The National Attorneys General Training & Research Institute

The National Attorneys General Training & Research Institute The National Attorneys General Training & Research Institute

Substance Abuse Newsletter August 2017

The following is a compendium of news reports over the past month that may be of interest to our AG offices who are dealing with substance abuse issues. Neither the National Association of Attorneys General nor the National Attorneys General Training & Research Institute expresses a view as to the accuracy of news accounts, nor as to the position expounded by the authors of the hyperlinked articles.


The President's Commission on Combating Drug Addiction and the Opioid Crisis issued a preliminary report on July 31 stating that its “first and most urgent recommendation” is for the president to “declare a national emergency under either the Public Health Service Act or the Stafford Act.” In addition to declaring a national emergency, the commission's first report includes a number of recommendations that public health experts and drug policy reformers have been advocating for years. They include: expanding capacity for drug treatment under Medicaid; increasing the use of medication-assisted treatments, like buprenorphine and suboxone, for opioid disorders; encouraging the development of non-opioid pain relievers; mandating that every local law enforcement officer in the nation carry naloxone, the drug that rapidly reverses opiate overdose, and broadening “good Samaritan” laws that shield individuals from prosecution when they report a drug overdose to first responders or law enforcement officials.

With increasing frequency, law enforcement officers are exposed to potentially-dangerous unidentified powders. To assist law enforcement in quickly identifying unknown powders, Attorney General Brad Schimel has directed the Wisconsin State Crime Laboratory (WSCL) Bureau to permit law enforcement officers to perform their own field tests at the WSCL, instead of at an uncontrolled location, such as a crime scene or agency evidence storage room. Under the supervision of WSCL analysts, participating officers will open the unidentified powder in a fume hood; remove a sample with WSCL disposable pipettes; conduct the field test; reclose the sample in the hood; and securely double-bag the sample. The WSCL requires officers to bring a personal protective medical mask or respirator, latex gloves, protective eye goggles, packaging supplies, and field test kits. The WSCL maintains an inventory of emergency doses of Narcan® for laboratory emergencies. After law enforcement officers complete their field test, their agency may submit the sample for further testing.

Food and Drug Administration Commissioner Scott Gottlieb announced plans to require manufacturers of painkillers to provide more extensive education for physicians and other health-care professionals who prescribe the drugs. In remarks that opened a two-day FDA meeting on painkiller abuse, Gottlieb said the agency will now require makers of immediate-release opioids to provide prescriber training. These formulations, which account for 90 percent of the opioids prescribed in the United States, include hydrocodone as well as oxycodone/acetaminophen combinations.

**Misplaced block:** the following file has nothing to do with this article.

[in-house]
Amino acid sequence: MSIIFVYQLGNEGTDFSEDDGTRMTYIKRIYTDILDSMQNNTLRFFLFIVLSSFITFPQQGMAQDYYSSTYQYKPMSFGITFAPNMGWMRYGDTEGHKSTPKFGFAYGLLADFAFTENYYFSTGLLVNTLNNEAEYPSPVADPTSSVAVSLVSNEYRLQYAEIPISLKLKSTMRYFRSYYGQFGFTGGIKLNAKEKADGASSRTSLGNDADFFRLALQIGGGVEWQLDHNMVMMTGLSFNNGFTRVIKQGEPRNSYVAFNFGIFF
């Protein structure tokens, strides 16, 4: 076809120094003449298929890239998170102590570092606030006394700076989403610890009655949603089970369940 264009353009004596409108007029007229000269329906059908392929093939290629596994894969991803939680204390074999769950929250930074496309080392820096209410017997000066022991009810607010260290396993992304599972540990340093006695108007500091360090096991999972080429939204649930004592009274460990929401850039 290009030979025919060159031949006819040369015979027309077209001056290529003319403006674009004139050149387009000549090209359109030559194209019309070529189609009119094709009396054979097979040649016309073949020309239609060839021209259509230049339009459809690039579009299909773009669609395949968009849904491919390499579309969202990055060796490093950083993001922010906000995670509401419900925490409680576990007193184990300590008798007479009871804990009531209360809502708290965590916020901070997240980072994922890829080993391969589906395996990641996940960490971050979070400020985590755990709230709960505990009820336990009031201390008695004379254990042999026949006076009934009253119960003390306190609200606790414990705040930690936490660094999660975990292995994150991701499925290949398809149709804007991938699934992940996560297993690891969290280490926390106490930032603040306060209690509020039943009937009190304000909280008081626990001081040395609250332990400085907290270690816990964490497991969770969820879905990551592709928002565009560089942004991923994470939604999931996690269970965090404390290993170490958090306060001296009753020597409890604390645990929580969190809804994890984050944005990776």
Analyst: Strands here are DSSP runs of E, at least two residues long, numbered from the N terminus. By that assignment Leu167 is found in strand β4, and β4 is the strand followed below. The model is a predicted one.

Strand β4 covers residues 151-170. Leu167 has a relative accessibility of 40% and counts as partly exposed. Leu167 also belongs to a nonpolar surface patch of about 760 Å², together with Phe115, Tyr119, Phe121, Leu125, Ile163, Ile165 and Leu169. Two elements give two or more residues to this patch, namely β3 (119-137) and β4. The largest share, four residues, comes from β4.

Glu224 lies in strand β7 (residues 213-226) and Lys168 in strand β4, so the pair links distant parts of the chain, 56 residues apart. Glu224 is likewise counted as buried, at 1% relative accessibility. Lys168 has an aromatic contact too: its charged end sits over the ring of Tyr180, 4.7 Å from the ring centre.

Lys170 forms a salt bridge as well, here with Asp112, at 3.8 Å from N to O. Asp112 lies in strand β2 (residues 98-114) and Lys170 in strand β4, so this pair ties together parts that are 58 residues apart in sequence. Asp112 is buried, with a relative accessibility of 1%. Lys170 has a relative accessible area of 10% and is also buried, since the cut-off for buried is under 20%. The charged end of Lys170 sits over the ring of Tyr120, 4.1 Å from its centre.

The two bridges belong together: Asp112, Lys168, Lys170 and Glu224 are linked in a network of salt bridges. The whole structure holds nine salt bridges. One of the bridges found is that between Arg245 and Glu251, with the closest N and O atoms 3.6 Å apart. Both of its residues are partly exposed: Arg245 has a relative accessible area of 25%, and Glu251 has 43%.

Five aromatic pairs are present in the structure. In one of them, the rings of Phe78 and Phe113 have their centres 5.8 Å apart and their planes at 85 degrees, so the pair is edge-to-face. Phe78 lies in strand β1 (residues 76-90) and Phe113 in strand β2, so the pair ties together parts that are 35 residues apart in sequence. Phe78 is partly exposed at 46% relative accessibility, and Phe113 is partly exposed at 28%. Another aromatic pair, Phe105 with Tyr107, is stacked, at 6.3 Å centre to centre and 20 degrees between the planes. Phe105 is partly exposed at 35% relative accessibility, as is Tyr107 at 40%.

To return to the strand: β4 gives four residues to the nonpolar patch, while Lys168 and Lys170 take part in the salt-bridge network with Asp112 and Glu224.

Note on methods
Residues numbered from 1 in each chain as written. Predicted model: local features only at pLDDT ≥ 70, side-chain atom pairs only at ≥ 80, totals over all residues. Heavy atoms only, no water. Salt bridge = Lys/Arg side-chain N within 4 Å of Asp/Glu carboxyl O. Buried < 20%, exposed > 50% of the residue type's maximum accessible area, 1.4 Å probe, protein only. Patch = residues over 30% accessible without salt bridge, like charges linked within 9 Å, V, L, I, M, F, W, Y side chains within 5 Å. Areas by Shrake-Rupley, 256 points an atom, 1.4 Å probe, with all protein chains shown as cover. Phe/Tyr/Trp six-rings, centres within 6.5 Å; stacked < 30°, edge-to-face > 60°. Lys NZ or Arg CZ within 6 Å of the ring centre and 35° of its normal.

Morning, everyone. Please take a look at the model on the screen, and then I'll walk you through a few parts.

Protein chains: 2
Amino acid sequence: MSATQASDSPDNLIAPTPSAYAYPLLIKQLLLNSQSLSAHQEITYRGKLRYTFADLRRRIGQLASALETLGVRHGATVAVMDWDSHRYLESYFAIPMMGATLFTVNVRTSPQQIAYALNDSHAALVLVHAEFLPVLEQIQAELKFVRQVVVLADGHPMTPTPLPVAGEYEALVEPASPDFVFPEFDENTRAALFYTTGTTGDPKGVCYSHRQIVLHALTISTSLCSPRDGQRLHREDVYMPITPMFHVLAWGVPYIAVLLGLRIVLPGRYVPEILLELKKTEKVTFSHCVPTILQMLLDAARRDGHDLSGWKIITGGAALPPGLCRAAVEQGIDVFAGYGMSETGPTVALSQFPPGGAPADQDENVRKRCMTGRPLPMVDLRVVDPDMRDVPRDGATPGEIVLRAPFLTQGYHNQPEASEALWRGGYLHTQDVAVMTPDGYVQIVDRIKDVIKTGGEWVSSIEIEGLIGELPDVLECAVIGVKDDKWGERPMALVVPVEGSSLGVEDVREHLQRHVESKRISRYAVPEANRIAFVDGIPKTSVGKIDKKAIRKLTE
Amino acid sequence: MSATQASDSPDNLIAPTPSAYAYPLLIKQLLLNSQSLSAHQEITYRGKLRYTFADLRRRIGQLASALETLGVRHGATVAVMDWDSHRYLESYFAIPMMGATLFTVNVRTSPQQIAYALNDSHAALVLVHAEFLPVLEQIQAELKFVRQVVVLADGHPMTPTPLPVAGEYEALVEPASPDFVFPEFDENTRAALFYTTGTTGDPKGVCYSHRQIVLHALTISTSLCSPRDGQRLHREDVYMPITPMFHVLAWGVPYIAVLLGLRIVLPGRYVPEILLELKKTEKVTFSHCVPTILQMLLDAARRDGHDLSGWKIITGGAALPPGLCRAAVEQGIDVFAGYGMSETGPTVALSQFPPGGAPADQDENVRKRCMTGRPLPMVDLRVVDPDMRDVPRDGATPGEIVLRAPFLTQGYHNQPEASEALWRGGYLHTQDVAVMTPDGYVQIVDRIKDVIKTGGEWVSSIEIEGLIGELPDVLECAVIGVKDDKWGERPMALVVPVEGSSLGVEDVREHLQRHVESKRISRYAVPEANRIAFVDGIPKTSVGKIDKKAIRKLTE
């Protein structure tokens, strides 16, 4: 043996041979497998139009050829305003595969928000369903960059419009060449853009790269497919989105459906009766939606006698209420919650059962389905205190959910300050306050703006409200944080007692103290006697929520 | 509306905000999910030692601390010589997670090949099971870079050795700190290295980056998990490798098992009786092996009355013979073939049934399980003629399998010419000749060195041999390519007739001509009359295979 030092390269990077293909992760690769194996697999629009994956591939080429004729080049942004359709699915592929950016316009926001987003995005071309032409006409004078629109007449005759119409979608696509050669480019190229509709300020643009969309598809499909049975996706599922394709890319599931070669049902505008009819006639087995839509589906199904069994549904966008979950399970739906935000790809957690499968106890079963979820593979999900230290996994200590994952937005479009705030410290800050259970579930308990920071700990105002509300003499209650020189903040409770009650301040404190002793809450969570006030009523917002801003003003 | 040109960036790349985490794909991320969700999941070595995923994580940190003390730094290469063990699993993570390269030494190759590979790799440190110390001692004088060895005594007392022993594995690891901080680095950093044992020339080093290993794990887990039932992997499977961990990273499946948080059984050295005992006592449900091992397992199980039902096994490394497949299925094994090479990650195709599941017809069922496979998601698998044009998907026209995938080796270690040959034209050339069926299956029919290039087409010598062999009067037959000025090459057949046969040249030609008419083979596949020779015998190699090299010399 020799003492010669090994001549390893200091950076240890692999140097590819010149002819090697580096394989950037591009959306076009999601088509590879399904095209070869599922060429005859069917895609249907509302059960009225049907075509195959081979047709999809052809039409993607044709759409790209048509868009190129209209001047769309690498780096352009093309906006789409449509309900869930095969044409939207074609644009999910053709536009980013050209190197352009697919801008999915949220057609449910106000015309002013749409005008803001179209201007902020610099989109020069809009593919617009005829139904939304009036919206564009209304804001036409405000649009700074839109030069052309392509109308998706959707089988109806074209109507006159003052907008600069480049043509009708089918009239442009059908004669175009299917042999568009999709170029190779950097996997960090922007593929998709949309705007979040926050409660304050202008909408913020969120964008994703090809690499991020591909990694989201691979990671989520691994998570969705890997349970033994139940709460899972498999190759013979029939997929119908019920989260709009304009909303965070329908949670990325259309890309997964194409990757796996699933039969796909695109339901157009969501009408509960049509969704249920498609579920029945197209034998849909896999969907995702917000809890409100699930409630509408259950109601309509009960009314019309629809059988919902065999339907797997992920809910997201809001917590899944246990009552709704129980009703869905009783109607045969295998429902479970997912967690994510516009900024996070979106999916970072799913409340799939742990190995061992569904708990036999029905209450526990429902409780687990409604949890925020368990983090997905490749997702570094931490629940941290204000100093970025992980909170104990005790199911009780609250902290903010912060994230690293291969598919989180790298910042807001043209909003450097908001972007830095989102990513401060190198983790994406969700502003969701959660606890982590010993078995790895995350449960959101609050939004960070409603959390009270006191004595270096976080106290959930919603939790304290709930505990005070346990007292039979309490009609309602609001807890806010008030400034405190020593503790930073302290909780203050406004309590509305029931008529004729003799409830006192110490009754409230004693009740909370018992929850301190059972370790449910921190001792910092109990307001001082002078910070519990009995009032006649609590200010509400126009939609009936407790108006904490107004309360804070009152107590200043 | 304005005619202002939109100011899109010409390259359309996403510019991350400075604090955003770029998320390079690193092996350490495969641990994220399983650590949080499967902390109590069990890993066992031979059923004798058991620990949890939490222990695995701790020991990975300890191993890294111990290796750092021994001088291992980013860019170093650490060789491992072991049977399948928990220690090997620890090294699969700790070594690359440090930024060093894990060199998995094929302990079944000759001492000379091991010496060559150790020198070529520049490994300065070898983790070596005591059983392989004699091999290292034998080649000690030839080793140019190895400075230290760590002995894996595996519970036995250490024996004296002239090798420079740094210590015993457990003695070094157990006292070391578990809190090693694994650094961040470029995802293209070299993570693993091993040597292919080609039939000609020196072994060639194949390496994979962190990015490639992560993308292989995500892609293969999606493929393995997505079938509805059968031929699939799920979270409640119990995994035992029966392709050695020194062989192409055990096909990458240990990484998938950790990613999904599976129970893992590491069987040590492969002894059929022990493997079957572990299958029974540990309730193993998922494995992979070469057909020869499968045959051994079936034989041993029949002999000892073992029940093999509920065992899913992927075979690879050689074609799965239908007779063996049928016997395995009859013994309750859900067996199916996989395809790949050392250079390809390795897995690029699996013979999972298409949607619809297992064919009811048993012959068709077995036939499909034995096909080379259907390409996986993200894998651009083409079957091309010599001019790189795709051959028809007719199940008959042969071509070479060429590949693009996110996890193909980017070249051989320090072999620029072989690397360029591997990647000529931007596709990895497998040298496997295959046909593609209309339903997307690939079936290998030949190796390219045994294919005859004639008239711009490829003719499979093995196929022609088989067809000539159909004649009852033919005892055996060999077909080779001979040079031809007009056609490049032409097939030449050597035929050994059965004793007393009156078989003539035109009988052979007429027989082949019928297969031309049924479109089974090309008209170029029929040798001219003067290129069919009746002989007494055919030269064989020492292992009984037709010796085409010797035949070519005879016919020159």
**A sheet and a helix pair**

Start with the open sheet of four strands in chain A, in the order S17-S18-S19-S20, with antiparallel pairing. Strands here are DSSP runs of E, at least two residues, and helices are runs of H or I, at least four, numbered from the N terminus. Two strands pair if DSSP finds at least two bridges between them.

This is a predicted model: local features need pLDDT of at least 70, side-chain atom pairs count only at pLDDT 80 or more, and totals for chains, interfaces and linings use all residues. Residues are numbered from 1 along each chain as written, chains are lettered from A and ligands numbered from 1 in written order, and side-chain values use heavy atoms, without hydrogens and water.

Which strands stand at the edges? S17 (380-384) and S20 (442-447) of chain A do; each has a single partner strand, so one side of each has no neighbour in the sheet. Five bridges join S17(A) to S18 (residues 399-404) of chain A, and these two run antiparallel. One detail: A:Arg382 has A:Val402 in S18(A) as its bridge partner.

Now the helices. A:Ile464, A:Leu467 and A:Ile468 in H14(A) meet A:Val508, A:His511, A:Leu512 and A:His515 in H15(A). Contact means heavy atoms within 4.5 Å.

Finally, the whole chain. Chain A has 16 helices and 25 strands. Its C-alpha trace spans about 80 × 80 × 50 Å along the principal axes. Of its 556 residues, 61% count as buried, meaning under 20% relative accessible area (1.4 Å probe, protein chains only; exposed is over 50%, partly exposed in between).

Oklahoma Attorney General Mike Hunter has charged Dr. James Fleckenstein with obtaining possession of opioid pain medication by fraud, after an investigation by the Oklahoma Bureau of Narcotics and Dangerous Drugs Control (OBNDD) and Tulsa County District Attorney’s Office. According to court documents, an investigation into Fleckenstein’s prescribing practices began in December 2016 by the OBNDD after a pharmacist became concerned with the amount of opioid medication being prescribed to a patient, who is Fleckenstein’s wife. Court documents say during the investigation, Fleckenstein admitted to investigators he was writing the majority of the prescriptions for his wife and his wife’s friend, who would fill the prescriptions and give the medication to him for his personal use.

Attorney General Hector Balderas announced that New Mexico has joined with four other states in filing a lawsuit in federal court alleging that six generic drug-makers entered into illegal conspiracies in order to unreasonably restrain trade, artificially inflate and manipulate prices and reduce competition in the United States for two generic drugs. The complaint alleges that the defendants routinely coordinated their schemes through direct interaction with their competitors at industry trade shows, customer conferences and other events, as well as through direct email, phone and text message communications. The alleged anticompetitive conduct – including efforts to fix and maintain prices, allocate markets and otherwise thwart competition – caused significant, harmful and continuing effects in the country’s healthcare system, the states allege. New Mexico and the states further allege that the drug companies knew that their conduct was illegal and made efforts to avoid communicating with each other in writing or, in some instances, to delete written communications after becoming aware of the investigation. New Mexico and the states are asking the court to enjoin the companies from engaging in illegal, anticompetitive behavior and for equitable relief, including substantial financial relief, to address the violations of law and restore competition.